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The Impact on a Family

But Gibbons had to step in to find some relief for her father, Carlos, who has been married to her mother for over 50 years.

“My mother was a remarkably strong woman who was the CEO of her family. She paid the bills, ran the household, did the cooking and made the appointments.” Suddenly, her father had to reshape his life to handle those activities — while grieving for his wife, whose life was disappearing in front of his eyes.

Jean's illness also transformed her daughter's mission in life. After obtaining her mother's permission to talk about her disease, Gibbons established the Leeza Gibbons Memory Foundation for people with AD and memory disorders in 2002. For her tireless work in spreading awareness about AD, the American Academy of Neurology Foundation awarded her the Public Leadership in Neurology Award in April.

At press time, Jean Gibbons is still alive, but, says her daughter, she is beyond the point when there are any momentary rebounds of lucidity. “The ‘little kisses from the angels’ that she would give me are gone,” Gibbons says. Earlier this year, she continues, “I went to say goodbye to her. I don't know if it was my need to do it or something more than that. But as I held her hand, she looked deeply into my eyes. I told her what her love and energy had done to transform our family, and to help other families, and I let her know that we are fine.”

At 48, Gibbons is as vibrant today as she was when she first started her career. She's also raising three children — daughter Lexi, 15, and sons Troy, 13, and Nathan, 7. She hosts a nationally syndicated radio program, “Hollywood Confidential,” and Lifetime television's primetime magazine, “What Should You Do?” a dramatic reality series about life-saving information in times of crisis.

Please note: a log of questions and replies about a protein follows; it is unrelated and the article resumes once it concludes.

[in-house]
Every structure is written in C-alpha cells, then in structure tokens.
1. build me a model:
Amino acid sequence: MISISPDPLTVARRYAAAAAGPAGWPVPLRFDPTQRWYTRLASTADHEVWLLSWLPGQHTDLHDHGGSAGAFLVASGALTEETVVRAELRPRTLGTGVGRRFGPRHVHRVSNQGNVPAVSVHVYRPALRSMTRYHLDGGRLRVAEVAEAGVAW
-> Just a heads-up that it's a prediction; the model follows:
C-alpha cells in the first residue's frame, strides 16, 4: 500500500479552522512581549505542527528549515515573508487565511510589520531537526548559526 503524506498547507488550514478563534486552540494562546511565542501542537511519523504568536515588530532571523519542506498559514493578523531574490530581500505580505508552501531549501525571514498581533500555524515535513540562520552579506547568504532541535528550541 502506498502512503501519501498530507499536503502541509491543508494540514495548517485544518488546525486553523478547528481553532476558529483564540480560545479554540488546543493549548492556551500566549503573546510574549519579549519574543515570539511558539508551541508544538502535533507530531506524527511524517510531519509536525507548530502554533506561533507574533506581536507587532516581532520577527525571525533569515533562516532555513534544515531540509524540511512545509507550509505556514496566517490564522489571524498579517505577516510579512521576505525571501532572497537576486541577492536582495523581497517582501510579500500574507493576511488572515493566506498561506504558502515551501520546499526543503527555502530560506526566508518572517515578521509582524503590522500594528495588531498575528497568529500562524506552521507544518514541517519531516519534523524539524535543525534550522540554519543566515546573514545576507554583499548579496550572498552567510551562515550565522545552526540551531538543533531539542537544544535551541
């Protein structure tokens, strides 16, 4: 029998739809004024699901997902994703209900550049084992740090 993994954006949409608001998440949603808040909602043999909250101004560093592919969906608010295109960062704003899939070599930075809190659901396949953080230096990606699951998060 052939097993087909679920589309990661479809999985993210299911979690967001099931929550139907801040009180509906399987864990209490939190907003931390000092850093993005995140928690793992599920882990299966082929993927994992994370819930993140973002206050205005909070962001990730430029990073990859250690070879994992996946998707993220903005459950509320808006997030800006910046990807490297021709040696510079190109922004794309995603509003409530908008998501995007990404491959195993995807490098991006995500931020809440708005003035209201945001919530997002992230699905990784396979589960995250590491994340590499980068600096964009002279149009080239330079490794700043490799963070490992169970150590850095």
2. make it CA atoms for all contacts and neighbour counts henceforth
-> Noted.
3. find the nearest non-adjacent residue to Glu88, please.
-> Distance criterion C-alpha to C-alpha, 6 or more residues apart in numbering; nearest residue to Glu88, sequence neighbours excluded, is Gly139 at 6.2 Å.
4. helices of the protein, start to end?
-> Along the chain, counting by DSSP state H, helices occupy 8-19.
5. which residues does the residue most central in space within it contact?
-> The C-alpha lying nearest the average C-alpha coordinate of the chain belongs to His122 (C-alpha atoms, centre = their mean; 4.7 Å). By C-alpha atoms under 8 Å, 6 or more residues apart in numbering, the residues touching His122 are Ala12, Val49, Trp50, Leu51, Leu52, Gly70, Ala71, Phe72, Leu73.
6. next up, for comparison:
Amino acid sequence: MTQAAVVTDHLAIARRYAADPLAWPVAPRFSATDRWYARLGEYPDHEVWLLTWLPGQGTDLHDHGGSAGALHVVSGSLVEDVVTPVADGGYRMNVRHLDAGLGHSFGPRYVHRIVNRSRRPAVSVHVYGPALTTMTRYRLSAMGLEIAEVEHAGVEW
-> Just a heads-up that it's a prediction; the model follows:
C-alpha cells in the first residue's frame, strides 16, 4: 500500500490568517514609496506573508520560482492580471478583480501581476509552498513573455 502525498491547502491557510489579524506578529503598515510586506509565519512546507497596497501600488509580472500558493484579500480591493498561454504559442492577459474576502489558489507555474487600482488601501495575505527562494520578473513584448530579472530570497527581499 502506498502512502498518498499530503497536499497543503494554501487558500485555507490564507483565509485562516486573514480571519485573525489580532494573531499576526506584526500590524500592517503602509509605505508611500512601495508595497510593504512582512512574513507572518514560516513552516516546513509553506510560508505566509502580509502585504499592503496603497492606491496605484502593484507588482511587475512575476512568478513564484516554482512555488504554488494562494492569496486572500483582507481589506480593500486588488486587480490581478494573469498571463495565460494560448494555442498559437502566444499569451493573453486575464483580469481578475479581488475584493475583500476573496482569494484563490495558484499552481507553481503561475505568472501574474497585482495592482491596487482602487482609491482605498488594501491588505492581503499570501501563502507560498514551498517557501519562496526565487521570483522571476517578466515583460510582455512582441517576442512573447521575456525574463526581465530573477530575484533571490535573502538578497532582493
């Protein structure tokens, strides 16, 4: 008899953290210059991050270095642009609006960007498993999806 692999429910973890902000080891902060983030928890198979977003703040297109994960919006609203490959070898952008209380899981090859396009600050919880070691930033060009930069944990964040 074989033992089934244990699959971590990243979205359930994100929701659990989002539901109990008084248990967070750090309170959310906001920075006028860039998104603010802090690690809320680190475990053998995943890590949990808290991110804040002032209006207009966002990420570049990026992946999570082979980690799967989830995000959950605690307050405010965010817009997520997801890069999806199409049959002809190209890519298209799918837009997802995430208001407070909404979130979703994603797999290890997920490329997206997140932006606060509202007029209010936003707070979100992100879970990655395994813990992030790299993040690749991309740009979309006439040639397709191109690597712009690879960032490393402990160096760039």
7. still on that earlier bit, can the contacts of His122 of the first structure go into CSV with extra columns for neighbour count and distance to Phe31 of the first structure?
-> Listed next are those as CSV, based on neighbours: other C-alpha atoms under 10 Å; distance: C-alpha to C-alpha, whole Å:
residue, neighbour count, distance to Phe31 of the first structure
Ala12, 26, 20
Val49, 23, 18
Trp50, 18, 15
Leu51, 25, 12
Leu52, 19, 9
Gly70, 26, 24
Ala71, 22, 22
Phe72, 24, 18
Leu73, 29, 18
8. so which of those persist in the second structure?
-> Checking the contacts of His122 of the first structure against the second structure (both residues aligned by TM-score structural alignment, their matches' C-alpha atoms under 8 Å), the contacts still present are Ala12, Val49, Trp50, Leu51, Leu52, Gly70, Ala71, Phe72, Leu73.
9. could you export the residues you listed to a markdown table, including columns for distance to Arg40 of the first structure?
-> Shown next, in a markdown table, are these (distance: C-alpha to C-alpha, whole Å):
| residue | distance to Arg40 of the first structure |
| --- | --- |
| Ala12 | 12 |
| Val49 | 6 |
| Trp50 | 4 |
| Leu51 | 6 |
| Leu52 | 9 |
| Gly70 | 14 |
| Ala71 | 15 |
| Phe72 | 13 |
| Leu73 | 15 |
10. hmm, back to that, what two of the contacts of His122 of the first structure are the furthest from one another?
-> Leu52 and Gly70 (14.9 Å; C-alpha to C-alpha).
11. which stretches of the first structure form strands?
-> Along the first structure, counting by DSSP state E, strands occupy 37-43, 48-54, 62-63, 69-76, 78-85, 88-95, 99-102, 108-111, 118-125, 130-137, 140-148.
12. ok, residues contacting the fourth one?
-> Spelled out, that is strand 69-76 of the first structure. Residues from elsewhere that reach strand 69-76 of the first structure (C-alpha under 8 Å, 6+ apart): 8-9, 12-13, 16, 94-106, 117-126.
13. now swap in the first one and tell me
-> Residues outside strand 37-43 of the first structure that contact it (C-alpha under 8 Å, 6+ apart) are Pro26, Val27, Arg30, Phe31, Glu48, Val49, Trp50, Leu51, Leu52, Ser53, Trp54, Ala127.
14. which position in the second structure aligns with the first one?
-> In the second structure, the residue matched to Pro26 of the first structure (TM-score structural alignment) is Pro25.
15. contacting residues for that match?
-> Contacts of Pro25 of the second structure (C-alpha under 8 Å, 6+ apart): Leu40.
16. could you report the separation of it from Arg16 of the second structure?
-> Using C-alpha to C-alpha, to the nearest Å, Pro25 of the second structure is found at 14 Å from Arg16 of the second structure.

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The Best Antidote: A Healthy Lifestyle

With a grandmother who died of AD and a mother who is in the final stages of the disease, Gibbons knows that she may have inherited it as well. She does what she can to prevent AD in herself, including eating a healthy diet, using supplements and exercising. “I try to oxygenate my brain with plenty of exercise. I try to reduce stress. I follow an anti-inflammation diet,” she says. “I eat a lot of oily fish, especially salmon, which is rich in omega-3 fatty acid. I eat lots of apples, red onions, blueberries, walnuts and almonds. I sprinkle flax and pumpkin seeds on eggs and salads and use lots of ginger and tumeric in my cooking. I also keep my brain mentally active. I take dance classes so I can learn something new every day.”

Gibbons also regularly takes the memory screening test provided on her Web site (www.leezasplace.org). “Beyond that I have not done any genetic screening. It doesn't mean that I won't. I take it very seriously when my children ask me if I am going to get AD. I tell them, ‘I don't know if Mommy is going to get it or not. What I do know is that I am doing everything I possibly can to keep that from happening.”

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FOR MORE INFORMATION

American Academy of Neurology Foundation

The Brain Matters

www.thebrainmatters.org

Alzheimer's Association

(800) 272-3900

www.alz.org

Alzheimer's Disease Education and Referral Service

e-mail: adear@alzheimer's.org

www.alzheimers.org

©2005 American Academy of Neurology